Conversations On Philanthropy
Emerging Questions on Liberality and Social Thought

The Philanthropic or Gift Order

Jacques T. Godbout

I first wish to thank Lenore Ealy for the opportunity to comment briefly on Laurent Dobuzinskis’ stimulating paper. The author shows that most analysts, including Hayek, consider Mauss’s analysis, and the gift phenomenon in general, to apply primarily to archaic societies. “Gifts exist only at the margin of the market economy” (Dobuzinskis 2009, 119).

Furthermore, when it does apply to present-day societies, it is defined as disinterested, nonreciprocal, acts.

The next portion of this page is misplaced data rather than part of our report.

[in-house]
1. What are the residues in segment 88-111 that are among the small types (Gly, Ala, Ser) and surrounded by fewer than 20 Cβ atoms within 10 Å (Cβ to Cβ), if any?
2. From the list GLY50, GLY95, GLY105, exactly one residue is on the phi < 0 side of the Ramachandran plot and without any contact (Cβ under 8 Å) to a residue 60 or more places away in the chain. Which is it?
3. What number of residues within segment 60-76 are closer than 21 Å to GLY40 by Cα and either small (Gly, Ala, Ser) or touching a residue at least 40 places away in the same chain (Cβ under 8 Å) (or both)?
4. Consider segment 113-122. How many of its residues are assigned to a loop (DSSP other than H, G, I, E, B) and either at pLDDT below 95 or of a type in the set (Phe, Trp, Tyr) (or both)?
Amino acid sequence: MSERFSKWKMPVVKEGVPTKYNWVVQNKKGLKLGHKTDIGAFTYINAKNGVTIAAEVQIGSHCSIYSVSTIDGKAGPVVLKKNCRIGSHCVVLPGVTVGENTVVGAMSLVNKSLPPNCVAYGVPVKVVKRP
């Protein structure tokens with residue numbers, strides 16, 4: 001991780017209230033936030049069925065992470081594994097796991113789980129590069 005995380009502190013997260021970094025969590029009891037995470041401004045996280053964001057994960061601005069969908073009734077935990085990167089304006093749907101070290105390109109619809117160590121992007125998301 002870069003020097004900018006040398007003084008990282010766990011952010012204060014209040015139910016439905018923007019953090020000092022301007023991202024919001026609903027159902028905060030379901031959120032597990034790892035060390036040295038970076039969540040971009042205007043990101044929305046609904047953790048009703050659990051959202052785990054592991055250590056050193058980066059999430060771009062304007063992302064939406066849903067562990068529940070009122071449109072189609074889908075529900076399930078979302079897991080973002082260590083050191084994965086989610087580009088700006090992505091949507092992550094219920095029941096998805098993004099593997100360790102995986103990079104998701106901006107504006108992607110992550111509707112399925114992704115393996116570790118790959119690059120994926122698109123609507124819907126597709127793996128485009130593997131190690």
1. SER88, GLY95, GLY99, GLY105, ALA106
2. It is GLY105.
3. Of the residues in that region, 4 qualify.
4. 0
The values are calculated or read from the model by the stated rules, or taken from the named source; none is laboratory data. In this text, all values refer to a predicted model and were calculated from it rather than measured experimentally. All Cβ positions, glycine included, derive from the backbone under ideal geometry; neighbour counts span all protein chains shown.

What the Maussian movement (MAUSS, an acronym for Mouvement anti-utilitariste dans les sciences sociales)1 first attempted to show is that Mauss’s vision of the gift very much applies to modern society. This is the main thesis in our book, The World of the Gift, first published in French in 1992. The gift here is an order that is both spontaneous and modern. (I prefer “gift” to “philanthropic” order. Philanthropy is simply one type within the “gift order.”) The market order itself rests in part on this order, if only because the gift feeds trust, a necessary ingredient of the Hayekian catallaxy (Dobuzinskis 2009, 122). This is why we don’t think of the gift as first and foremost an economic order, although its economic dimension is important and increasingly so in an information economy with phenomena such as open source and “copyleft” (124). The gift is not only a gift economy (130), and the gift and economic orders are not always, and not necessarily, antagonistic. Let me try to briefly develop these points.